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The Studio Museum in the Era of SOUL!

Mr. SOUL! Panel Discussion

To celebrate Studio Screen | Mr. SOUL!, we reflect on the shared histories of The Studio Museum in Harlem and the pioneering late-night television program, SOUL! (1968–73).  The founding of the Studio Museum and taping of SOUL! represent a larger cultural movement inspired by the civil rights struggles, anti-Vietnam war demonstrations, and Black Power salutes of the 1960s. In September 1968, SOUL! premiered and the Studio Museum opened its doors. 

Discover the art, music, style, and history of the SOUL! era with the below resources.
 

SOUL! Sounds


Get into the groove with spoken word and musical performances aired on SOUL!
 

The Birth of Studio Museum



In the 1960s, activism among African-American artists increased dramatically across the United States, leading up to the founding of the Studio Museum in 1968. The Harlem Cultural Council was founded in 1964, with the Dance Theater of Harlem opening five years later in 1969. The 1965 founding of the Harlem-based Black Arts Repertory Theatre/School by the poet Amiri Baraka, formerly LeRoi Jones, is widely considered to have established the Black Arts Movement, a flourishing of black cultural production in visual arts, theater, literature, and poetry in the 1960s and 70s. Filmed in New York City, SOUL! was a platform for the movement’s voices to be broadcast to a wider audience.


For more on the activism in Harlem, and beyond, read “A Collection is Born” by Connie Choi, Associate Curator, Permanent Collection.  
 

 

 

From the Archive


 

"In its first year, the Museum exhibited shows that reflected on the local community, the national political moment, and an African diasporic artistic presence, and spoke against dominant art-historical narratives."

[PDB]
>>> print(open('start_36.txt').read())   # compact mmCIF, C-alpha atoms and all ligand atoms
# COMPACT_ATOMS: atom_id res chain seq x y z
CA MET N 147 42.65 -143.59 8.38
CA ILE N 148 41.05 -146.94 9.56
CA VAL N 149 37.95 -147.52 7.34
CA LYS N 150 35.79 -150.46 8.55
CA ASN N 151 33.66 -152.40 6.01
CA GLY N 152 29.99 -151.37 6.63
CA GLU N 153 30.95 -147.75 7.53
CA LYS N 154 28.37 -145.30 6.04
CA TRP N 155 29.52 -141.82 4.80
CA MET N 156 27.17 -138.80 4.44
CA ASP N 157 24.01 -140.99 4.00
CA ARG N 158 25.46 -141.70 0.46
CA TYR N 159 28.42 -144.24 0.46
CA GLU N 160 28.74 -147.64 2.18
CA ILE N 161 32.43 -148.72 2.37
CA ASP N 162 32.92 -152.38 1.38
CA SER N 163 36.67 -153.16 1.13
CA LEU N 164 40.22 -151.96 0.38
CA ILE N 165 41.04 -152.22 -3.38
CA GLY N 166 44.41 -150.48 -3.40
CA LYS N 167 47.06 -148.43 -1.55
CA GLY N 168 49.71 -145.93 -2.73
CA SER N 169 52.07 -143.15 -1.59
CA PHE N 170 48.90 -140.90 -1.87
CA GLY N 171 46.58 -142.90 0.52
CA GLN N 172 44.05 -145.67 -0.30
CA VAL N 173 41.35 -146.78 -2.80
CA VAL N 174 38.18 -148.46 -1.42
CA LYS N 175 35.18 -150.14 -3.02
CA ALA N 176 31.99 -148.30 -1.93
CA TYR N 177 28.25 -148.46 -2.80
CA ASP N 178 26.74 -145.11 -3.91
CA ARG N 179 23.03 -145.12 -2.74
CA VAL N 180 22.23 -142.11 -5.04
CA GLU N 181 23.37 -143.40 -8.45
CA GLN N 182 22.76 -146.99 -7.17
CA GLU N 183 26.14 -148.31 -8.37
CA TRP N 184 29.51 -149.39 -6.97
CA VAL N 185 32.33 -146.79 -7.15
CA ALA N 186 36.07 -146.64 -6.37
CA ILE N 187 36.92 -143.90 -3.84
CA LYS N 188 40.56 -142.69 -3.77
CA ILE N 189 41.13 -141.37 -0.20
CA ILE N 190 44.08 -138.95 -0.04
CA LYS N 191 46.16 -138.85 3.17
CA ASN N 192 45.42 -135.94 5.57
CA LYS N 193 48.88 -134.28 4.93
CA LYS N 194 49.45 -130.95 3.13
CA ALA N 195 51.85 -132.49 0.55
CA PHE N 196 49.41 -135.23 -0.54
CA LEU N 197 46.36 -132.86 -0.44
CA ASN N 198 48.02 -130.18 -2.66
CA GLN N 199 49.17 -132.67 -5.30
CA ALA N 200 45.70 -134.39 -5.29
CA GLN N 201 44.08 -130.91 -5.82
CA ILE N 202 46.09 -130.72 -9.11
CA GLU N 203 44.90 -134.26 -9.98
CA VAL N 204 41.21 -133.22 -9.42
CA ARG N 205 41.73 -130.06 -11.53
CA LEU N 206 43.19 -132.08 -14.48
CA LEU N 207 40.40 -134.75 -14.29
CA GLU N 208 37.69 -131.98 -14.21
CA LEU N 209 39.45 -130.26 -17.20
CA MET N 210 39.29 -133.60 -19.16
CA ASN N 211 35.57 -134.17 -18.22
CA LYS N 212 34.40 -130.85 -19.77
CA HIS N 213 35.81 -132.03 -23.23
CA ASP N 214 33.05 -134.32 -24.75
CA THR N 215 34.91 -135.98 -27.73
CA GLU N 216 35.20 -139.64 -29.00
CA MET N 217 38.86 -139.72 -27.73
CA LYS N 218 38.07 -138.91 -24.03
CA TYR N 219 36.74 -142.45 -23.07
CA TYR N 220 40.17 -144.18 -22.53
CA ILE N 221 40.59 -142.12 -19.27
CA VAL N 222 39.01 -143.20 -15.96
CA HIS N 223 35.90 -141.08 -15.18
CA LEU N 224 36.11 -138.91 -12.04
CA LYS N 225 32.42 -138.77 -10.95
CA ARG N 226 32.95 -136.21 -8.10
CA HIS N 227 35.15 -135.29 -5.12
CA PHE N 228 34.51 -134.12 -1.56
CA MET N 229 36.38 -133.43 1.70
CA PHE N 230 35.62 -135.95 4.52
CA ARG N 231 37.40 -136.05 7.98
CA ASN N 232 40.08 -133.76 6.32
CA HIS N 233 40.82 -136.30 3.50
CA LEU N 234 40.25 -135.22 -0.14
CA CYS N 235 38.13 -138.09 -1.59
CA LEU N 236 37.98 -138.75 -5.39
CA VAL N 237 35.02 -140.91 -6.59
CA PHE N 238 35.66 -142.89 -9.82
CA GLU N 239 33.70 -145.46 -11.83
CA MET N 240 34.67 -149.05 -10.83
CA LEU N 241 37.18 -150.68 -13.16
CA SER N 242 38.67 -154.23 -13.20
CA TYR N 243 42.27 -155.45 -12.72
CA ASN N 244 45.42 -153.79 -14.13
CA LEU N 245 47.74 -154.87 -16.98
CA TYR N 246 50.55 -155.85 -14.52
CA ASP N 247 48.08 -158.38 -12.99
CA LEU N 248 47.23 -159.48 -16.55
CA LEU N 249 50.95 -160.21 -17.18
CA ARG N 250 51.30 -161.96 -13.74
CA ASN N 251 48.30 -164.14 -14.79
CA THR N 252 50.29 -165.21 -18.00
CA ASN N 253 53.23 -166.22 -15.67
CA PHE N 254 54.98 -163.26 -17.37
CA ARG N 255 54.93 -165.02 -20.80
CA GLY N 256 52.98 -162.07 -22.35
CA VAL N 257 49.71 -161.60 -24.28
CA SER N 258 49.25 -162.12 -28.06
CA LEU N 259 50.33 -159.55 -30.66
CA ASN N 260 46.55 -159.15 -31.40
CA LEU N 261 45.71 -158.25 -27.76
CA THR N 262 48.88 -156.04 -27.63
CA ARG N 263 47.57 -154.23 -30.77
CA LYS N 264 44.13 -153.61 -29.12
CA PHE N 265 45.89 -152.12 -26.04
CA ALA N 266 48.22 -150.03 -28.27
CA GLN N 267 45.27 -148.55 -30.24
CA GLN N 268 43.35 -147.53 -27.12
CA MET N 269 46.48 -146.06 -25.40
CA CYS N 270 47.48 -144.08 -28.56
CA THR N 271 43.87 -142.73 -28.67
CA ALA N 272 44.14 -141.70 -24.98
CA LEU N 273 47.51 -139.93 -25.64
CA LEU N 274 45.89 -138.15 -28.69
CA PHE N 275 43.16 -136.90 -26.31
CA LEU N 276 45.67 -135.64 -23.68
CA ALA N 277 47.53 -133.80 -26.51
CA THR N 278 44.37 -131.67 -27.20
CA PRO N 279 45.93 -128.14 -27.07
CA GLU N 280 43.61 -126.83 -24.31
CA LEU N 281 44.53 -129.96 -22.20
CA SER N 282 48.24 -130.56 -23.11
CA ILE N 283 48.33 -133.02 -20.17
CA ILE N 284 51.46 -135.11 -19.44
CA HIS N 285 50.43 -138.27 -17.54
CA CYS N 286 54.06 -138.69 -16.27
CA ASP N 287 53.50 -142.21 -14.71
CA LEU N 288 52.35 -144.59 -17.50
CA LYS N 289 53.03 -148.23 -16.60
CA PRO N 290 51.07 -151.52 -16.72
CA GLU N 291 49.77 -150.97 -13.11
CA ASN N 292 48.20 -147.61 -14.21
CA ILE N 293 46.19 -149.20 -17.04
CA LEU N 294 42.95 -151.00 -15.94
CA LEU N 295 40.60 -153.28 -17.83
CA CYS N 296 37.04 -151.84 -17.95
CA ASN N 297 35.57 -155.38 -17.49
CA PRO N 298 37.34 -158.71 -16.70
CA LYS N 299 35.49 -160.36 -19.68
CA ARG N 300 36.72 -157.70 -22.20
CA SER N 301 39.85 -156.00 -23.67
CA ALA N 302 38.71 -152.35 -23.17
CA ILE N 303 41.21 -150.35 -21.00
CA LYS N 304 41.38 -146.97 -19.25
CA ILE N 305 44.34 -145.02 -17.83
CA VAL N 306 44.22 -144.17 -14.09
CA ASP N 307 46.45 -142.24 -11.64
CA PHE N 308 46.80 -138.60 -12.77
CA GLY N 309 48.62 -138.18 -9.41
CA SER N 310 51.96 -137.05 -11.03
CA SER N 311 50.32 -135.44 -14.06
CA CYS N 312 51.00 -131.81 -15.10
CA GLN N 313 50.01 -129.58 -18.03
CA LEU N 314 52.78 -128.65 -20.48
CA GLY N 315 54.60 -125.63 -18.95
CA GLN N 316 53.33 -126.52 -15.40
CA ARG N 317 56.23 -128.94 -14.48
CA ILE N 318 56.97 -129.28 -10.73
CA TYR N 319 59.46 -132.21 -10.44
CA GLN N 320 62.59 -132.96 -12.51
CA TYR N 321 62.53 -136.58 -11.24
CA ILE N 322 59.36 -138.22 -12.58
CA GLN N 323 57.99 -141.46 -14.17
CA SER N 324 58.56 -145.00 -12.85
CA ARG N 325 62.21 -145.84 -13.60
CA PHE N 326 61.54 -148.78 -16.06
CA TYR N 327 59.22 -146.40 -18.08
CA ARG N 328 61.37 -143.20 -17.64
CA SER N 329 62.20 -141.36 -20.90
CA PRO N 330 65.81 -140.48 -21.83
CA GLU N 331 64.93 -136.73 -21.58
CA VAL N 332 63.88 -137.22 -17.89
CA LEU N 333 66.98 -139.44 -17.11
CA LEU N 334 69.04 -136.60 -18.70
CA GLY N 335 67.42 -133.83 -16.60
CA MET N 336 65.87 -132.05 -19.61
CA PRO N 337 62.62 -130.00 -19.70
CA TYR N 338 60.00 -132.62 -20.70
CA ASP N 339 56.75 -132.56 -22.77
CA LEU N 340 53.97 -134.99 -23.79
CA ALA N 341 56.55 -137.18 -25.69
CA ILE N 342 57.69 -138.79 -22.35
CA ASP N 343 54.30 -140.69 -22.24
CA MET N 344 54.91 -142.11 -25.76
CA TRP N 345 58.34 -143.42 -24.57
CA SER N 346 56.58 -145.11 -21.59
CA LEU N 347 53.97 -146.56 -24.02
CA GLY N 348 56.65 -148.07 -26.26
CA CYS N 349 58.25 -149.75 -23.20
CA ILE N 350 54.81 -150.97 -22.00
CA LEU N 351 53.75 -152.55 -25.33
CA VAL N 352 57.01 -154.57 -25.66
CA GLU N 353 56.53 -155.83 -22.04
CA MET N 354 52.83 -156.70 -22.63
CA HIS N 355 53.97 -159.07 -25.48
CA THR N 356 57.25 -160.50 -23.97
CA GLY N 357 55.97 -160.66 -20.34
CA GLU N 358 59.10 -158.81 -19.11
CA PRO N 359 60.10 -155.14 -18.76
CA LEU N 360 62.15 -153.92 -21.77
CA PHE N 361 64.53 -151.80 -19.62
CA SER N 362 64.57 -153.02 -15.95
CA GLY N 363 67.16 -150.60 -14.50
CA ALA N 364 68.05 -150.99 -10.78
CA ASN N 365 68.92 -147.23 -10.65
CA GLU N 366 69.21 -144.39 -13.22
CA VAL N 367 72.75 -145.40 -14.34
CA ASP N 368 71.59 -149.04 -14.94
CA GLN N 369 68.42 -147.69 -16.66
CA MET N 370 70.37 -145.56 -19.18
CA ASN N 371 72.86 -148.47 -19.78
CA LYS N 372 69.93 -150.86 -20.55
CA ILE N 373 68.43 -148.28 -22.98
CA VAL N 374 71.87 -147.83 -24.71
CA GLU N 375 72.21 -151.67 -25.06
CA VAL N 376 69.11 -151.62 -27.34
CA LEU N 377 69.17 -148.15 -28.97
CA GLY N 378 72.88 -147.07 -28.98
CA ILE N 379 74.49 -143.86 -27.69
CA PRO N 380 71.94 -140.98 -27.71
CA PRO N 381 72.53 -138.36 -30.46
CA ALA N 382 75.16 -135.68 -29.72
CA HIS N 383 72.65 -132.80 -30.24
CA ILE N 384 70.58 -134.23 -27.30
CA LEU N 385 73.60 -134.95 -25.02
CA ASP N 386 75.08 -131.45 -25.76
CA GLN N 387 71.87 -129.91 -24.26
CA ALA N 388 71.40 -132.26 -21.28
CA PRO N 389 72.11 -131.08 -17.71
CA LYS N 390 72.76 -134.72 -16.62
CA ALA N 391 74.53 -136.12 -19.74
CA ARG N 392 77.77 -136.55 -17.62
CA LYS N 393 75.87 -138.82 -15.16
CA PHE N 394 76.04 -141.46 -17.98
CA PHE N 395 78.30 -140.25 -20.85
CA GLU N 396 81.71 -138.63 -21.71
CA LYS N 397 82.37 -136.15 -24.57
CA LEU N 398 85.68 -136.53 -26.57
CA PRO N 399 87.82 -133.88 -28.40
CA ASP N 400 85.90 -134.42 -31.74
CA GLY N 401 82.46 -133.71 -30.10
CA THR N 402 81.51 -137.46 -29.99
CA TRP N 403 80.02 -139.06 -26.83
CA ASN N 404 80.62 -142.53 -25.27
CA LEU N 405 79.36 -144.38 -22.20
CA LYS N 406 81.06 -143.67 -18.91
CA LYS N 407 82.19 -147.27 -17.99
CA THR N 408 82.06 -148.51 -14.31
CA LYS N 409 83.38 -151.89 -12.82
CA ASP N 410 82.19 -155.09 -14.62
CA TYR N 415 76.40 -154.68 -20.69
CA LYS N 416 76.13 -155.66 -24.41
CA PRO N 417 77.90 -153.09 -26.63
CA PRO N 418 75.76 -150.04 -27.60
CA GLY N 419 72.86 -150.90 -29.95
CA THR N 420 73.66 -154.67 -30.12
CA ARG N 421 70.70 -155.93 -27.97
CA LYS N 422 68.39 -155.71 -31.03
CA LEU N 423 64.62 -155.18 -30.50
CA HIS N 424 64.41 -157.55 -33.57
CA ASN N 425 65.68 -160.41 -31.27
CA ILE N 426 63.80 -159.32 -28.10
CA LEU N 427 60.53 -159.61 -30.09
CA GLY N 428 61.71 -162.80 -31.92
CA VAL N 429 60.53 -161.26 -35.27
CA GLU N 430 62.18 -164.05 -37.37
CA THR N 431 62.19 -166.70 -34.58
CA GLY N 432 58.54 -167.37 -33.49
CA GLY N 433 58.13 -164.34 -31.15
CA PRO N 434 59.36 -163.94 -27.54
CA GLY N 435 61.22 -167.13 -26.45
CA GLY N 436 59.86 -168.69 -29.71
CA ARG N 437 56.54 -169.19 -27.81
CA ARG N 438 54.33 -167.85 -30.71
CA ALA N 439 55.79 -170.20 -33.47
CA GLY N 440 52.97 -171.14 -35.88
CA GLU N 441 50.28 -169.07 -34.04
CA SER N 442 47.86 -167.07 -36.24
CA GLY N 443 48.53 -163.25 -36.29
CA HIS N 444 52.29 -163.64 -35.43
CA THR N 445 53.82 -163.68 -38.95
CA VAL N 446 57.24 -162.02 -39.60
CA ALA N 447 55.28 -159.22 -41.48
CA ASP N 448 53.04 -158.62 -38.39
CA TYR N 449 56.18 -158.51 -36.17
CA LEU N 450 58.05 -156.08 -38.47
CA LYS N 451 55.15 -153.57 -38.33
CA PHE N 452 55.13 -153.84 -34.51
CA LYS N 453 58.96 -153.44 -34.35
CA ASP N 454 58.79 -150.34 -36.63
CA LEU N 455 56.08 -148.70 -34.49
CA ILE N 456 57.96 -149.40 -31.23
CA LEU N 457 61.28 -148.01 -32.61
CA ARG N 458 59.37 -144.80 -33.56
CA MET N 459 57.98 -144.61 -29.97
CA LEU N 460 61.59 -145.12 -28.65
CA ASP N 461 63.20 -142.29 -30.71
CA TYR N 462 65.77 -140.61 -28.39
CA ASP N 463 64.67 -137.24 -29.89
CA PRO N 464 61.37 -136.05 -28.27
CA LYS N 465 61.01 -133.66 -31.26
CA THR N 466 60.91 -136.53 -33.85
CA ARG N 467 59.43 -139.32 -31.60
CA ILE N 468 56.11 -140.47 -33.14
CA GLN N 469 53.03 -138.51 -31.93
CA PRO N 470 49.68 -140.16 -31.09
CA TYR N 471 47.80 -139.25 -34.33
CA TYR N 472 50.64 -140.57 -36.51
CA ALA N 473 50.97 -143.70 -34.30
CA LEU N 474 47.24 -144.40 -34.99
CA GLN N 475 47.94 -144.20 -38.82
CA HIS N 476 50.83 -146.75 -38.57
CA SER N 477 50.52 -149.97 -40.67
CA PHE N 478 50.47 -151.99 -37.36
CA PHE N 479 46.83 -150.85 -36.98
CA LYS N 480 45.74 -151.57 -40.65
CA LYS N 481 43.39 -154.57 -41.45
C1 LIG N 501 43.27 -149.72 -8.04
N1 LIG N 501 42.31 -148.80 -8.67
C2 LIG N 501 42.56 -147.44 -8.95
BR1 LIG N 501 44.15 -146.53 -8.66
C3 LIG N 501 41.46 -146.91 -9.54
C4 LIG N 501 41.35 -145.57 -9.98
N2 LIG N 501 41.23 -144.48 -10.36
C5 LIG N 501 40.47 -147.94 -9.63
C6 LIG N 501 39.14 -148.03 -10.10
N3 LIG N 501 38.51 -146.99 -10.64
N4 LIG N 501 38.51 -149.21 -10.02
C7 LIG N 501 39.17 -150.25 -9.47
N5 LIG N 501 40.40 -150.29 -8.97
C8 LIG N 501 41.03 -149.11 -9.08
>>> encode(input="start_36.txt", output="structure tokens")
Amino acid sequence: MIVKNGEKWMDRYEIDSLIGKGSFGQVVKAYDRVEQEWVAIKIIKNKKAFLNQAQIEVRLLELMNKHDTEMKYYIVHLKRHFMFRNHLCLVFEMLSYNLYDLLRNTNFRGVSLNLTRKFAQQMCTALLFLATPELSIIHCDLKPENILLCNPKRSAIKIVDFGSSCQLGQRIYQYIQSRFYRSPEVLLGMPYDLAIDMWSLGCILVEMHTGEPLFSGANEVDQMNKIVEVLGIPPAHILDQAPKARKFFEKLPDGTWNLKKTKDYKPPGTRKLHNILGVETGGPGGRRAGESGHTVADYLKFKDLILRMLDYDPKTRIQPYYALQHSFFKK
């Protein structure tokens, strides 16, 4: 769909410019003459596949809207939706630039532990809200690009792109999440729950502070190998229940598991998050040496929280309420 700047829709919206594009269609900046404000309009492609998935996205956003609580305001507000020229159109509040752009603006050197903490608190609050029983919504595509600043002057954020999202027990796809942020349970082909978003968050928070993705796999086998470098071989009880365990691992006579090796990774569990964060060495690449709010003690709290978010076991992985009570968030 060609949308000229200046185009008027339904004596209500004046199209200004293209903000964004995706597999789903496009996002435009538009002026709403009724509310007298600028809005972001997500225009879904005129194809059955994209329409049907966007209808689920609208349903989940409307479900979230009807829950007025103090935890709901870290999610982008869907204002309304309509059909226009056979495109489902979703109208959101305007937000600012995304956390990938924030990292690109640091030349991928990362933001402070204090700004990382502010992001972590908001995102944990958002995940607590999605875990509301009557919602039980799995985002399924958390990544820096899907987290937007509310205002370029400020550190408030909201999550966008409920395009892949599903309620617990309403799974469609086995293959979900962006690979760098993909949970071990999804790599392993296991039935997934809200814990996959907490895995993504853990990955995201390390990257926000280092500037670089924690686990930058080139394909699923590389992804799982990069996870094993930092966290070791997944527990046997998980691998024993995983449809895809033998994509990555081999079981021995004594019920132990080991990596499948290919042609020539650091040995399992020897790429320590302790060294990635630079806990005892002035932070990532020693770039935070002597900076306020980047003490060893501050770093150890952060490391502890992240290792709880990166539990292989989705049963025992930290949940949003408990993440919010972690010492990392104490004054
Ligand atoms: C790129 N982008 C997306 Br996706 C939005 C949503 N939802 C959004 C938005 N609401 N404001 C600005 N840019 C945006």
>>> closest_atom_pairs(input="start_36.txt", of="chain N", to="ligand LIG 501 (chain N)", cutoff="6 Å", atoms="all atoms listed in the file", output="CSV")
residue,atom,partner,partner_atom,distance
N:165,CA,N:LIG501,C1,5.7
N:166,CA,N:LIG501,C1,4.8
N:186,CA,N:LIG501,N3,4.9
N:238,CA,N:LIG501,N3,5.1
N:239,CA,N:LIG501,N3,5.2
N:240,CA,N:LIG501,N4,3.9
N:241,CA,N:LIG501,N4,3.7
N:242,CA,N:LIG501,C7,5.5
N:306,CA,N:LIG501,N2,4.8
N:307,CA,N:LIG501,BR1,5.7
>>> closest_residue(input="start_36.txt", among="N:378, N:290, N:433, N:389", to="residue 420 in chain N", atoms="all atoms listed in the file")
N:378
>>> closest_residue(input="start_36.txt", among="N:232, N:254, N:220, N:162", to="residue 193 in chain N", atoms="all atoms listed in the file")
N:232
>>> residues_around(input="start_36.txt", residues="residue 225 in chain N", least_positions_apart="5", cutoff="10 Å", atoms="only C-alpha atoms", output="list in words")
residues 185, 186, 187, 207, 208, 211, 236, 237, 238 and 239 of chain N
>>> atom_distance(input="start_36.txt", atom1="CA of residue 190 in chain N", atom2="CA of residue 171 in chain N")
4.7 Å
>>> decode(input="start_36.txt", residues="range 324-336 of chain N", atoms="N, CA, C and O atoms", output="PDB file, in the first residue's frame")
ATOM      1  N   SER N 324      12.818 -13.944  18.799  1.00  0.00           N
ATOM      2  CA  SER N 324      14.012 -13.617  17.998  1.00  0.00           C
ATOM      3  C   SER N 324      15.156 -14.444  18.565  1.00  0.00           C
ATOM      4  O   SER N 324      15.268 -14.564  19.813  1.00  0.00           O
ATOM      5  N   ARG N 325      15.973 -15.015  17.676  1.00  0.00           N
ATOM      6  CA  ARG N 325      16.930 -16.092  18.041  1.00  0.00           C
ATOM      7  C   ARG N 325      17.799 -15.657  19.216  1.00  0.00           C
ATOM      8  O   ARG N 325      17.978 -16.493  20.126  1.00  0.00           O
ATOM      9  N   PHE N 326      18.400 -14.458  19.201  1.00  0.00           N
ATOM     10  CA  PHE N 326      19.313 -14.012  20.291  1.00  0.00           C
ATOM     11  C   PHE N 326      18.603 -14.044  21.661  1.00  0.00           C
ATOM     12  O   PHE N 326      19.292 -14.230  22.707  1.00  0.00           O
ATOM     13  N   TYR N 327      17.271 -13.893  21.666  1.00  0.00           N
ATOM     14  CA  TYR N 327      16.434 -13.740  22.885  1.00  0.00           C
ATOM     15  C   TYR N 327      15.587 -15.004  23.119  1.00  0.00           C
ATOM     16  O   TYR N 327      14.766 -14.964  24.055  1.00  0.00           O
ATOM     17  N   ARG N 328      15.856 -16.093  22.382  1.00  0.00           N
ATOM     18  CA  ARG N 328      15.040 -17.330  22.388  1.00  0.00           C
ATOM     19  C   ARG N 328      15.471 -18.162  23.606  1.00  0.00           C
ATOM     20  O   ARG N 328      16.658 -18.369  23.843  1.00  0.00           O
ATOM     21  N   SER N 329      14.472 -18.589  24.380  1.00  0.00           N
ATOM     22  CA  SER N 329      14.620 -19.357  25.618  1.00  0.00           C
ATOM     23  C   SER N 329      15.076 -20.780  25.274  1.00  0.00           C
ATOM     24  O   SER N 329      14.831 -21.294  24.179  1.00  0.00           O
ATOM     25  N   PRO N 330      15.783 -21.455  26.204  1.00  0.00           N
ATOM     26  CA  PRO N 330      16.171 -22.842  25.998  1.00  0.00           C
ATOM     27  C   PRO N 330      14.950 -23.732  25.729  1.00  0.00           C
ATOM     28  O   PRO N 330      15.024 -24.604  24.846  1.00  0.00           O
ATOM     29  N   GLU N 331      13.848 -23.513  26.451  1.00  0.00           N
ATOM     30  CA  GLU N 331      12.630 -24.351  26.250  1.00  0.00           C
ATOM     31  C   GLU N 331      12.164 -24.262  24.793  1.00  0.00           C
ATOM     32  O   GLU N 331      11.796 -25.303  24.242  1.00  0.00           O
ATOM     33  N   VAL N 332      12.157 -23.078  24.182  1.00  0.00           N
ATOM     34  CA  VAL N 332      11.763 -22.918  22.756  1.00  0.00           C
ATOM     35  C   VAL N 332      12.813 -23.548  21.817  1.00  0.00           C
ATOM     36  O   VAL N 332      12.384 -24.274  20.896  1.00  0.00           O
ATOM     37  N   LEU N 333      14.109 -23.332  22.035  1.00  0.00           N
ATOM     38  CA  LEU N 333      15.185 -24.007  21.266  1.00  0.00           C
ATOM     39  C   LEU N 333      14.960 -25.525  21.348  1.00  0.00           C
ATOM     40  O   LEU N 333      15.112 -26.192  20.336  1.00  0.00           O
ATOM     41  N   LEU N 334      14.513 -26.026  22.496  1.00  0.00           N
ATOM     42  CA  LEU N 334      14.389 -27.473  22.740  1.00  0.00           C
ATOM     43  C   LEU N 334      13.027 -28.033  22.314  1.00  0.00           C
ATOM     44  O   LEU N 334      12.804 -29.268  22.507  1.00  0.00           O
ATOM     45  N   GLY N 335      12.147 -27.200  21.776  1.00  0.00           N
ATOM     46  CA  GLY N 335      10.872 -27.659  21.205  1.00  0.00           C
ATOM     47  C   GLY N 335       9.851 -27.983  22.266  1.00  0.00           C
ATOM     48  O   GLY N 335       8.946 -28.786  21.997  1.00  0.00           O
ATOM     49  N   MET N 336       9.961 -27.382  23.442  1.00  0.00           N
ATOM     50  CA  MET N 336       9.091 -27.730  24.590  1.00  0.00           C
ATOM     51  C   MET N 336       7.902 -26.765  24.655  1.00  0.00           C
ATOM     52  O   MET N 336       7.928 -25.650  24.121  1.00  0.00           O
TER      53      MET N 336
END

— Connie Choi, Associate Curator, Permanent Collection.
 

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Contact sheet of photographs from opening night of Harlem Artists '69, The Studio Museum in Harlem, July 1969. 

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Edward S. Spriggs and Valerie Maynard in the Studio Museum in Harlem office, c. 1972–1974

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Valerie Maynard in the Studio Museum in Harlem print workshop, 1971. Courtesy The Studio Museum in Harlem Archives.

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Eleanor Holmes Norton being interviewed for WABC-TV's "Like It Is" with producer Charles Hobson [L] and host Gil Noble [R] on opening night of Electronic Refractions II, Studio Museum in Harlem, September 24, 1968. Courtesy The Studio Museum in Harlem Archives.

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The Studio Museum in Harlem on opening night of Electronic Refractions II, September 24, 1968. Courtesy The Studio Museum in Harlem Archives.

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(L-R) Eleanor Holmes Norton, Carter Burden, Charles Inniss, Campbell Wylly, Betty Blayton-Taylor, Frank Donnelly at The Studio Museum in Harlem on opening night in 1968. Photo: Jill Krementz

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Attendees of the Studio Museum in Harlem print workshop taught by Valerie Maynard, 1971. Courtesy The Studio Museum in Harlem Archives.

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Lesson Plan


 

Betty Blayton-Taylor was an artist, activist, and founder of The Studio Museum in Harlem, which opened in 1968, the same year this work Untitled was created. Enjoy art-making at home, inspired by Untitled while you listen to our SOUL! Sounds playlist or the 1968 interview with artist Tom Lloyd, the Museum’s first exhibiting artist, and Betty Blayton-Taylor at WNYC below.

From our Collection

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James Baldwin

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Justin George

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Syncopated Scape 1

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Trash

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The Police

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Homage to the Panthers

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Walk in the Shade (aka Penumbra)

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Scale for Marquee (cartoon for a mural)

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April 4, (Part III)

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Untitled

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Now

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Untitled

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Variations on a Six Sided Object

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Moussakoo

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Fontenelle Children Outside Their Harlem Tenement

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Lawdy Mama

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